Western Cape leads the way with Environmental Impact Assessments with the highest number of EAPASA registered officials in South Africa
The Western Cape Government is committed to economic development that is in balance with ecological sustainability. To that end we are focused on improving the environmental impact assessment (EIA) processes needed for new developments. EIAs are often part of the legislative requirements for new developments, and if not managed carefully, can add significantly to timelines and development costs, Anton Bredell, Western Cape MEC of Local Government, Environmental Affairs and Development Planning said.
Bredell was responding to the Section 24H Regulations promulgated in terms of the National Environmental Management Act, 1999 (Act No. 107 of 1998) (NEMA) which came into effect on 8 August 2022. Section 24H specifies the roles and responsibilities of consultants and officials in terms of EIAs. It provides, amongst other things, for the person to have certain core competencies, for ethical and professional conduct, and for continuous professional development.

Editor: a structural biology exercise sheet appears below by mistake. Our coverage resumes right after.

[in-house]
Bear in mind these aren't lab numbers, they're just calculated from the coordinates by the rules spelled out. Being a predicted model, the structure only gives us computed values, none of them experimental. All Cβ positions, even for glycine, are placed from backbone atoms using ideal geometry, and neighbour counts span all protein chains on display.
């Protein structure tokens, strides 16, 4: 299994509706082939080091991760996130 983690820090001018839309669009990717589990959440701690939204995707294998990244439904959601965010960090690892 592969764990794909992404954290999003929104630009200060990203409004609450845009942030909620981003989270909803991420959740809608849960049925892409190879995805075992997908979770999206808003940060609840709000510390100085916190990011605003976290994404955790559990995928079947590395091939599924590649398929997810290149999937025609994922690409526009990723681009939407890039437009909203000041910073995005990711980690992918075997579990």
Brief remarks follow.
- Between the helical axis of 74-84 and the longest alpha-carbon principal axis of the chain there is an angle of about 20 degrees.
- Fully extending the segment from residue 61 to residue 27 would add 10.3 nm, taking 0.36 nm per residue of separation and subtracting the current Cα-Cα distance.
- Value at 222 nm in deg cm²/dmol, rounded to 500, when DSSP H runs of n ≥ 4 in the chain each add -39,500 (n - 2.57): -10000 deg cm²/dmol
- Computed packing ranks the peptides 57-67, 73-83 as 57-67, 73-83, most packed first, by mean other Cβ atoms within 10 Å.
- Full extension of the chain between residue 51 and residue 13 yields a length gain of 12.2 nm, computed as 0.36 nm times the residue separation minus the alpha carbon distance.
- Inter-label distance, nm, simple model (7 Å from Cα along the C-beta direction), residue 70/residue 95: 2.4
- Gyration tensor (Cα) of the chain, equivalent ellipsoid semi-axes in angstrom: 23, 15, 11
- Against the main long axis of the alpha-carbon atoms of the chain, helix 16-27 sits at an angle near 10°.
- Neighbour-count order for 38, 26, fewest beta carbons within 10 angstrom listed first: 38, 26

From 8 August 2022, only a Registered Environmental Assessment Practitioner (Registered EAP), may investigate, assess, and prepare EIA reports and documents.
“Because we support an enabling business environment, the Western Cape Department of Environmental Affairs and Development Planning (DEA&DP) has ensured that all officials working with EIA approvals are registered at the Environmental Assessment Practitioners Association of South Africa (EAPASA). Also, I am proud to say, DEA&DP currently has the highest number of EAPASA registered officials in South Africa. This will ensure we continue to improve on EIA administration services to Western Cape residents, consultants, and applicants,” Bredell said.
Bredell said that when well-managed, the cost of an EIA on average should amount to less than 2% of overall development costs.
Source: Government of South Africa